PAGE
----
Manitoba’s largest union is calling the provincial budget out of touch on every major issue facing the province. 

A budget that many were hoping would finally invest in front-line services instead delivered on tired Conservative ideology of tax cuts.  

“We were hoping to see real investments into the services that have been helping Manitobans through this pandemic. Investments into schools, healthcare, social services, and municipalities” says Lee McLeod, CUPE Regional Director. “Instead, we got more tax cuts. This is not the budget that Manitoba families needed.” 

On health care, CUPE is calling the budget short-sighted, and unable to deal with keeping seniors in personal care homes (PCHs) safe with proper staffing levels. 

“What we see in healthcare is stop-gap measures only,” says McLeod. “This does not address inadequate funding of PCHs.” 

On education, CUPE is concerned that the ongoing cuts to education are beginning to impact student experience in schools, and eroding the health and safety of students and staff.  

“We see increased costs in schools as we try to keep students safe in their classrooms through this pandemic,” says McLeod.  “This budget does not give our workers the resources they need to do their jobs, protect students and support learning.”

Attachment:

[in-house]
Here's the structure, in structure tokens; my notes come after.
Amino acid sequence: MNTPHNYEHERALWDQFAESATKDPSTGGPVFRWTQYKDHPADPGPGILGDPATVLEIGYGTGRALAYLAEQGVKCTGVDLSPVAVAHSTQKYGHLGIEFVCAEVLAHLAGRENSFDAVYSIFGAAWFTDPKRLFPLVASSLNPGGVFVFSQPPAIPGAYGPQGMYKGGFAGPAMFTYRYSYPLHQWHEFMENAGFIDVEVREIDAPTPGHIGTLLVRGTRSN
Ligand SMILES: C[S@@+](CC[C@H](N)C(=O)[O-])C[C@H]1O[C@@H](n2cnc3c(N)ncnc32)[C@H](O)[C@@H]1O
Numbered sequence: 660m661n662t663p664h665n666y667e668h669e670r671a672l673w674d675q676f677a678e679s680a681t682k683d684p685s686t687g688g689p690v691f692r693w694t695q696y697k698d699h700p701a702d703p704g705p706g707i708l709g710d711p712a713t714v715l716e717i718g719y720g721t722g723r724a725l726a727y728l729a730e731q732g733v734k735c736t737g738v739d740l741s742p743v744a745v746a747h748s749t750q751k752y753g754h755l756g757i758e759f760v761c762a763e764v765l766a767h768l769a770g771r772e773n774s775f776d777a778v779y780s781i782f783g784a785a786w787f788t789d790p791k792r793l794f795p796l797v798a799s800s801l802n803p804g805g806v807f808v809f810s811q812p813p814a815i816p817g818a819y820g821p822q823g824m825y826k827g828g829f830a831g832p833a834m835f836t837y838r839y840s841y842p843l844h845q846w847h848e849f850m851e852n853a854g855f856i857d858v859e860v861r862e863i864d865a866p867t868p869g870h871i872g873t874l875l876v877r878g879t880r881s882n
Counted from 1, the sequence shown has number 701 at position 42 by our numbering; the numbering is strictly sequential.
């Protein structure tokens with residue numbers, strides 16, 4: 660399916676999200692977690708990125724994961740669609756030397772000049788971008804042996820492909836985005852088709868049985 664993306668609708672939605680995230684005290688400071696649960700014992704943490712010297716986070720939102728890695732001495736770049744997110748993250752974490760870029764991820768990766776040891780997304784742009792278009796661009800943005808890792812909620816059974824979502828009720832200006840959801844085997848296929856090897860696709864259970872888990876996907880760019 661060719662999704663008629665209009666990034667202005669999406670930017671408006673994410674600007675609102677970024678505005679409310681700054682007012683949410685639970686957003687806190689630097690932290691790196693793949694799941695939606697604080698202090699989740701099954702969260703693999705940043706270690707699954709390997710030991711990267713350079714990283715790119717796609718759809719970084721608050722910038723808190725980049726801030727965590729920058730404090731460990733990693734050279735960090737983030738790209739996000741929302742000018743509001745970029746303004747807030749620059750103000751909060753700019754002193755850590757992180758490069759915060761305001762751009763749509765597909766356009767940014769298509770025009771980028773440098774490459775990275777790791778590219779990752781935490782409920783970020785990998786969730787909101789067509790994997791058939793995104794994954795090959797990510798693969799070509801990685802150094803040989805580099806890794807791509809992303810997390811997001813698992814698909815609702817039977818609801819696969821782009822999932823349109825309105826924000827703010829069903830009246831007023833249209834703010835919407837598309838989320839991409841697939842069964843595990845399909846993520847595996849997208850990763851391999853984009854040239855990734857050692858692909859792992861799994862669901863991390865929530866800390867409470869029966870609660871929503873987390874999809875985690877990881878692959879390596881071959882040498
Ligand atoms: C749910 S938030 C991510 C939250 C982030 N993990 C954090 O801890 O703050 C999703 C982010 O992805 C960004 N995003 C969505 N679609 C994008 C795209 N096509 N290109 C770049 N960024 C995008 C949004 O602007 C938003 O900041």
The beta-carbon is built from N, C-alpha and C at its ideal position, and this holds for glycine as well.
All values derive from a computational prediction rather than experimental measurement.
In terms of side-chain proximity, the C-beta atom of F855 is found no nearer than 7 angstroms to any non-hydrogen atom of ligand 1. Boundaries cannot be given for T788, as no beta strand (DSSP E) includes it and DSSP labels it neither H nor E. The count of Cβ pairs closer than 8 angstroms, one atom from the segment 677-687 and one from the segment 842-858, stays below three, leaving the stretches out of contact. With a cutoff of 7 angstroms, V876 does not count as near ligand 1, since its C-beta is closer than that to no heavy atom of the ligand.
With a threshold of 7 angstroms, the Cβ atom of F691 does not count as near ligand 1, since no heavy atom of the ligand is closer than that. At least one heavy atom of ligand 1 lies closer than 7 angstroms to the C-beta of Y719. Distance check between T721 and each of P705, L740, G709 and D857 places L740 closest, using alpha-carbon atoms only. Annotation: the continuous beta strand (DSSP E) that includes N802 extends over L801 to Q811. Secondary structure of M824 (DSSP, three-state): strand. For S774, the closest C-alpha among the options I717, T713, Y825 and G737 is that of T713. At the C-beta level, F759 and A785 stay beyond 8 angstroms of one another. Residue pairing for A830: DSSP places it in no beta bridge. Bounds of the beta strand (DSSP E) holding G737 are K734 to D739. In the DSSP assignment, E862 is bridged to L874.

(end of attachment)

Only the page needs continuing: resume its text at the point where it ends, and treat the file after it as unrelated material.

Specifically, CUPE is calling out the property tax rebate as taking needed resources out of schools when they are needed most.  

On municipalities, CUPE pointed out that the budget has failed to invest in the municipal services that Manitobans count on.  

“This level of transfer to municipalities is going to mean that meaningful progress on building active transit, improving water quality and taking significant action on climate change is going to be delayed once again,” says McLeod.  “Municipalities need support, not cuts and freezes yet again.” 

On childcare, CUPE is crying foul on a budget that does nothing meaningful to increase spaces. 

“We hear from our members, we hear from parents, that there are not enough childcare spaces,” says McLeod. “This government simply is not making good quality public childcare a priority.”  

On post-secondary education, CUPE is calling out a significant cut to funding to the University of Manitoba.  

“This is a government that has never supported students,” says McLeod. “This, on the heels of the legislation allowing post secondary institutions to raise tuition is going to lead to pricing out low-income students and higher overall student debt, and that’s not fair.” 

The Canadian Union of Public Employees is Canada’s largest union representing more than 700,000 members. In Manitoba, CUPE represents approximately 37,000 members working in health care facilities, personal care homes, home care, school divisions, municipal services, social services, child care centres, public utilities, libraries and family emergency services.